Income Trajectories of Refugees in Sweden

Hernan Mondani, Stockholm University
Helen Eriksson, Stockholm University, Demography Unit
Gerda Neyer, Stockholm University, Demography Unit

The vast increase of asylum seekers in Europe during recent years has revived debates about their integration into European labor markets and their socio-economic well-being in the long run. We investigate whether economic conditions in the refuge country when the refugees sought asylum affected their entry into the labor market and their long-term income development. We use Swedish register data to trace the income trajectories of Chilean, Iranian, and Bosnian refugees who entered Sweden during the oil crisis (1974), the expansion of the Swedish welfare state (1980), and the 1990s economic crisis (1994), respectively. We apply sequence analysis, and look at the refugees’ income development over a period of 15 years starting from the year after they arrived in Sweden. We distinguish between periods of no income-generating activity, studies, or receiving low, medium, or high income. Considering only the clusters with income-generating activities over a substantial part of our observation period, we find some marked differences in the income patterns of our refugee groups. More than a fourth of the Chilean refugees managed to start work in Sweden in occupations with medium income, and they could retain this income or even increase it to high level within a few years after arrival. A larger share of the Iranians than of the Chileans entered the labor market shortly after arrival, but mostly in low-income occupations. On average, they also remained longer within the low income sector. Bosnian refugee had the longest job-search process and the most varied income patterns among our refugee groups. Although more detailed analyses are still necessary, these preliminary results indicate that there exists an association between the initial economic conditions in the country, the duration of initial job search and the first income level reached, and the possibilities to retain or to advance income levels over time.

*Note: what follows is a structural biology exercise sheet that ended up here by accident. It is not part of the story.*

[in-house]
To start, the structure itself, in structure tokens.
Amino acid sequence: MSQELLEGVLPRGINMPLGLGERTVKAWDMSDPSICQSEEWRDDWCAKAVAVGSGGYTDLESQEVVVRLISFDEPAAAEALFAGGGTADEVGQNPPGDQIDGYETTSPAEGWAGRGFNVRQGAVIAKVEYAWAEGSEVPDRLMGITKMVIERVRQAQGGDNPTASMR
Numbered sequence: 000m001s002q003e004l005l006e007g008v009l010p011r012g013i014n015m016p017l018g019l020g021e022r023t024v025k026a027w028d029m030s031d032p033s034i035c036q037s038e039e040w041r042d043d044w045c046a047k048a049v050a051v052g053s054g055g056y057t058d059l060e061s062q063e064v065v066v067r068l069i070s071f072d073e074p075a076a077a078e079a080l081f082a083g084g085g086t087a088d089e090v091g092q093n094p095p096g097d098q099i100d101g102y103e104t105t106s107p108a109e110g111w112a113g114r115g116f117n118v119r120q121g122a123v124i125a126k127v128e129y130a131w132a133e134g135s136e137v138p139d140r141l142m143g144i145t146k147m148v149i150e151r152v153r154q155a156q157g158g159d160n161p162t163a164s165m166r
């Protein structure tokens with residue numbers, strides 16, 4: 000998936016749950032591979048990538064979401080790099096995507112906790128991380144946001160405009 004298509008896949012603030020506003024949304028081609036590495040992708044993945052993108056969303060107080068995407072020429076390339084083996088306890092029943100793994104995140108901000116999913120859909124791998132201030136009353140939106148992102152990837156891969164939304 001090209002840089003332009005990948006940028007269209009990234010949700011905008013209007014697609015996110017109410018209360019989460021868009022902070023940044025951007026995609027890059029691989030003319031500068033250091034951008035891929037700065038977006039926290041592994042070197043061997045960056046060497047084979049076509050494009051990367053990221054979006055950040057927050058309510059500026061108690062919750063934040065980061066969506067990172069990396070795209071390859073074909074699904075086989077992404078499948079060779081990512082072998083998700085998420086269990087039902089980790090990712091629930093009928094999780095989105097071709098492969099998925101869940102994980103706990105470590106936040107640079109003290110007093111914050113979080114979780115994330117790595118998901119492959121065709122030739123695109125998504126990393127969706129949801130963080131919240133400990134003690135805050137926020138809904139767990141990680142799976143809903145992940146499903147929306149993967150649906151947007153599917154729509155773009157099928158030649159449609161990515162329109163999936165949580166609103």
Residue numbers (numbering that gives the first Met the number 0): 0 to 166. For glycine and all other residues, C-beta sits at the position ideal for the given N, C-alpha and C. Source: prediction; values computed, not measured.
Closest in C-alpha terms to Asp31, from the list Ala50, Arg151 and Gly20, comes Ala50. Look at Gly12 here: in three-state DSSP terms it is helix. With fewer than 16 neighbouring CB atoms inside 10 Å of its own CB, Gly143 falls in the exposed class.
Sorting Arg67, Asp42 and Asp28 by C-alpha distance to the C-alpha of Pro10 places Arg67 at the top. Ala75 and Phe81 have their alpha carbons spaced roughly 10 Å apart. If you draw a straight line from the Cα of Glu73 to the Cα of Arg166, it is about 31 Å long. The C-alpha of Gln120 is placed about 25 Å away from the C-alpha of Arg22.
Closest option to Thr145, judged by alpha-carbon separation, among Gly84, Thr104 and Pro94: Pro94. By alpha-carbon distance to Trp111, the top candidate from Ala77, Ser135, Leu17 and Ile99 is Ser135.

Presented in Session 1090: International Migration and Migrant Populations